How You Challenged The Status Quo At Work

 How you challenged status quo at work

Tell us about a time when you took a risk at work that paid off?

Share your story with Challenge. Send your entry to

The most exciting entry will receive a prize worth $100. All other published entries will win vouchers worth $30 each. Please include your name, agency email address, agency and contact number.

All entries should reach us by March 28, 2017

How you challenged status quo at work

Huang Kaili, MOE

Part of my work involves looking at subsidies for students. For some students, the subsidies are insufficient to guarantee them access to education. I feel strongly that all students should have equal access to education, and that the subsidy should be increased for this affected group. However, my bosses were reluctant. So, I persuaded them one by one. I did my research. I met with stakeholders multiple times. I had tough conversations and tense exchanges with my bosses (they were very patient with me). I re-wrote submissions that they challenged. I looked for opportunities to keep the conversation going. I gave my bosses space as they mulled over it. A year later, my bosses are with me as we send our proposal to senior management for approval to increase the subsidy.

Congratulations, Kaili! You win vouchers to Mega Adventures at Sentosa so you can satisfy your daring spirit and continue to challenge yourself and others.


Muhammad, MOE

I have twice tried to challenge the number of workbooks we use to teach a certain subject. I really had to speak up because I believe children should not be piled up with homework. We had exciting discussions but they ended the same way: everyone else is doing it, just listen to your boss. Although disappointed by the resistance, I am glad I tried. I was given the chance and time to air my views, and I came away with new insights: 1) It might take time for people to see the reasons for doing things, myself included. 2) Better to have tried and failed than to have never tried at all.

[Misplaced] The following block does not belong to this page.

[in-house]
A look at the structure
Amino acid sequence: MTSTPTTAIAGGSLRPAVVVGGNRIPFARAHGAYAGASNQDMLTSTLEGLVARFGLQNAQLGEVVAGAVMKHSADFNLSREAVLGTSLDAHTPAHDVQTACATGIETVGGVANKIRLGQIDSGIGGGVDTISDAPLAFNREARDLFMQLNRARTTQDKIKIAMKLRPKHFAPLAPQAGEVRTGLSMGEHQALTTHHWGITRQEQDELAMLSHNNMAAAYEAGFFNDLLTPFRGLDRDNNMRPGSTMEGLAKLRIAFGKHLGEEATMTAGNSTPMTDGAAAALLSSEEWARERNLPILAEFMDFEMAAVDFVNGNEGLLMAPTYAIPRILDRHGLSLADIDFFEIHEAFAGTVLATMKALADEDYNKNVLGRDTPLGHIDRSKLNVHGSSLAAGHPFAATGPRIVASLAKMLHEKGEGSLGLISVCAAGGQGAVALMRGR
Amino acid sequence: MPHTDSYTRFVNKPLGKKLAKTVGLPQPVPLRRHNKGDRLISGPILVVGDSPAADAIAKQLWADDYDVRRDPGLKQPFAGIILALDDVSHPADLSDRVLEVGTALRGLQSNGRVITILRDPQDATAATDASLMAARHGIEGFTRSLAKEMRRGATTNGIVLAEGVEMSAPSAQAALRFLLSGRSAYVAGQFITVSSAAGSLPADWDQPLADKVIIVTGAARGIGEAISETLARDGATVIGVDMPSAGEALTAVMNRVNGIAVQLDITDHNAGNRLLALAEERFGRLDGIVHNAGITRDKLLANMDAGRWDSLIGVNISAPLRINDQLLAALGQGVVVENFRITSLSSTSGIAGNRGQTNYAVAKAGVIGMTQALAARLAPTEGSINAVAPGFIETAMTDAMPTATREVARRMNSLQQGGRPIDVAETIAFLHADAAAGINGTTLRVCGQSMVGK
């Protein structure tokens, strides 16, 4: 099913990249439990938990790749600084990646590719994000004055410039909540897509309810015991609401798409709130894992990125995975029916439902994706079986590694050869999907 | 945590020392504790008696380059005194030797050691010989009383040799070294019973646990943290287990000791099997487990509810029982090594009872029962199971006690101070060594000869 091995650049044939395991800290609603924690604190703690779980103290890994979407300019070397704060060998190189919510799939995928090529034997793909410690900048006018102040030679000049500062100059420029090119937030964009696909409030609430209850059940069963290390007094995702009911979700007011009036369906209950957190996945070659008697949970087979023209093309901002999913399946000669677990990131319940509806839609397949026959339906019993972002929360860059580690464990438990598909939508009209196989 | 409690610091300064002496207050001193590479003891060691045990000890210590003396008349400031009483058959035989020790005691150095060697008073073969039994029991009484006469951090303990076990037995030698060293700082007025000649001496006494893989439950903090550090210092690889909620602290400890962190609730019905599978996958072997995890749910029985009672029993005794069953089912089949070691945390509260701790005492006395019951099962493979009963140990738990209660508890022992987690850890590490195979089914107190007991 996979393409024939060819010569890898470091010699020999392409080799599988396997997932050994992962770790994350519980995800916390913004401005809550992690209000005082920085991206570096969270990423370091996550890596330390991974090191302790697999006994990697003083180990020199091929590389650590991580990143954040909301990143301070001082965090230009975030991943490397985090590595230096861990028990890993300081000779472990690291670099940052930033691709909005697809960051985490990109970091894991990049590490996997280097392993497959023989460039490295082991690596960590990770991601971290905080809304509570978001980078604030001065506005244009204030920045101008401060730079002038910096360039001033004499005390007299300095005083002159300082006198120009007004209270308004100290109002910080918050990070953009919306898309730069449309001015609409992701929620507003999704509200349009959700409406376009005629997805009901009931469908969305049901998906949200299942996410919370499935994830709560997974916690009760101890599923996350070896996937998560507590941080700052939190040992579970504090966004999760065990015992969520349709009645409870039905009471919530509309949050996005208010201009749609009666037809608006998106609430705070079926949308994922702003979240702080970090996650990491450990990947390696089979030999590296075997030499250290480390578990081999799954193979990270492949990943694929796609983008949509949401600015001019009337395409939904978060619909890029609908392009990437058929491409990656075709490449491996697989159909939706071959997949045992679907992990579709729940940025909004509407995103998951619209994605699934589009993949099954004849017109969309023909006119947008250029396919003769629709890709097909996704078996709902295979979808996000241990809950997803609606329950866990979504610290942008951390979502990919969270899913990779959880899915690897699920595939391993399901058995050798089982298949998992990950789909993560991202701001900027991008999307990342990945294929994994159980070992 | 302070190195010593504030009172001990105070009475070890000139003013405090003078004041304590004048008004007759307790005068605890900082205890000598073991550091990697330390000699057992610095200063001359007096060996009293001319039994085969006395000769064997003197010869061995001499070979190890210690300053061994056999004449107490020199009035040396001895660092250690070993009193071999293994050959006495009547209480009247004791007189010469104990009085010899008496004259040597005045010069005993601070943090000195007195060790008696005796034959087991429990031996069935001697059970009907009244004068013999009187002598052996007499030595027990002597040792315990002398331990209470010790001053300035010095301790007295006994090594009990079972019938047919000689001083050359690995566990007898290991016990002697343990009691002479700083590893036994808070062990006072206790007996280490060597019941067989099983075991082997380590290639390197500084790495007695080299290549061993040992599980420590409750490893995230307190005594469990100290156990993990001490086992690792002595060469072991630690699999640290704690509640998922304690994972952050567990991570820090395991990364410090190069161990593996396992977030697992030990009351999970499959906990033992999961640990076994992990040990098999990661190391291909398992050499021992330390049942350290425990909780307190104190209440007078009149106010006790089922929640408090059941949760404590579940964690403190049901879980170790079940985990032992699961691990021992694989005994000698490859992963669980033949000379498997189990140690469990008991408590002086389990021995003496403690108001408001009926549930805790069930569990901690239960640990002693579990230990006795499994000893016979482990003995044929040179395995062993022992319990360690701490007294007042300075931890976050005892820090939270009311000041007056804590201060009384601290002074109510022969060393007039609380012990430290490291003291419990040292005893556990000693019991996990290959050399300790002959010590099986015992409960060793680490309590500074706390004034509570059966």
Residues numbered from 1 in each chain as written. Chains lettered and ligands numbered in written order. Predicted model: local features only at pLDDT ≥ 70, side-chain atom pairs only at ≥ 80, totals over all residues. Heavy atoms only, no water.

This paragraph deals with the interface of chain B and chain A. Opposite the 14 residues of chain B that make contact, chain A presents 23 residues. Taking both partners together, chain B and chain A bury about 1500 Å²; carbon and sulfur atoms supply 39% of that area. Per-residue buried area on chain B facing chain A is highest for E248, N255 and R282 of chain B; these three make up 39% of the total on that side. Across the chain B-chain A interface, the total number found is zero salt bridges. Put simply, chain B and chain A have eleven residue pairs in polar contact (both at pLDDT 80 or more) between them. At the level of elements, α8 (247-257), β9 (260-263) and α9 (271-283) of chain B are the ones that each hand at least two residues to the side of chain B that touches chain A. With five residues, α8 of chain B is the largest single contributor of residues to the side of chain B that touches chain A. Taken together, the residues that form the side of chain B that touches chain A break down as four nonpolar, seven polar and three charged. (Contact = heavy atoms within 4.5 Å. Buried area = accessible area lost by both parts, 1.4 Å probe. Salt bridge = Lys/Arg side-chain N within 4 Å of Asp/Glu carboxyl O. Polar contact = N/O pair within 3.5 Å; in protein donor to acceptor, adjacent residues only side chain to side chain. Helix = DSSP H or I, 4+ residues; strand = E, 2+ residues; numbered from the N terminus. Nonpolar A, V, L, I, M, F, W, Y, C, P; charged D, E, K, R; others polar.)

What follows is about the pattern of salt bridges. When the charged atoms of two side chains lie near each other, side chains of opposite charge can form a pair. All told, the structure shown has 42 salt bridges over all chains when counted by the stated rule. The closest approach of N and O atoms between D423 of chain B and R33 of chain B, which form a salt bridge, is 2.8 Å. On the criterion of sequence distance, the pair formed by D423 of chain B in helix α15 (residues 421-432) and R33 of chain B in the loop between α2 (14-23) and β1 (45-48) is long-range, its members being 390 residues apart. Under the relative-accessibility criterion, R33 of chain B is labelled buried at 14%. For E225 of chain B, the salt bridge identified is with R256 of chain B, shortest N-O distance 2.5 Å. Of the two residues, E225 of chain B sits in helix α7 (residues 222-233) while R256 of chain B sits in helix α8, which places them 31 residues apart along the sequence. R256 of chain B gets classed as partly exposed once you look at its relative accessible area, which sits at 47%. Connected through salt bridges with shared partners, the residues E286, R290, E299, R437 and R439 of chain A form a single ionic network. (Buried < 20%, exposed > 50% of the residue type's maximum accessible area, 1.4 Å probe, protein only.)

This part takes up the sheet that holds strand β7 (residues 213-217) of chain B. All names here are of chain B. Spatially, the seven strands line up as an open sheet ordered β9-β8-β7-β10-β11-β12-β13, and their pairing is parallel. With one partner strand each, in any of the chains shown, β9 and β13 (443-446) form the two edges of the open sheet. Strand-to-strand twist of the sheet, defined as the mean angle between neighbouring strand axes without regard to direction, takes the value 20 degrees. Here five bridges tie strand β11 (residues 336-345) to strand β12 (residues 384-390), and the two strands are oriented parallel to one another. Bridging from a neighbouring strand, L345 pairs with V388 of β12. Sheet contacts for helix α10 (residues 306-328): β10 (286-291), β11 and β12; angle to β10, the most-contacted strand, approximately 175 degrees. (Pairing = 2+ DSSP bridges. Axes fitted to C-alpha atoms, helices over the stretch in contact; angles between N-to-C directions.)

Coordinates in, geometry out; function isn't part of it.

Koh Shixin, MCCY

My ministry looks after several domains, including the sports and the arts. As the current era of governance values cross-domain pollination and collaboration, I thought: what would the intersection of these two big domains look like? I had an answer, and at the request of my ministry’s Welfare Committee, gamely presented it at our Dinner & Dance last year. I, a guy, performed a pole dance item. But it was no sabai sabai à la Patpong style. My performance was a fairly athletic one (to the encouraging tunes of “Flashlight” by Jessie J and “Let It Go” from Frozen). Pole dance is like any other type of dance – both a sport and an art. My performance also challenged the stereotype that most pole dancers are women. After my performance, the emcee remarked, “I had never thought that guys can pole dance.” From the applause, I think the audience agreed too.


Kenneth Lim, GovTech

Why should the public sector be satisfied with using 2-D location data? That led my team to propose, in 2013, the use of 3-D location data. We went to forums on government and geospatial data to get support. There, we saw that agencies were exploring the use of 3-D location data, but with different standards, data and systems. So we looked for an open, inter-operable standard that we could all adopt. Eventually, the NRF, SLA and GovTech pushed for the Virtual Singapore programme to create a 3-D “digital twin” of Singapore, centralise data, and encourage the adoption of the inter-operable standard and collaboration across agencies.

    Apr 4, 2017
  • link facebook
  • link twitter
  • link whatsapp
  • link email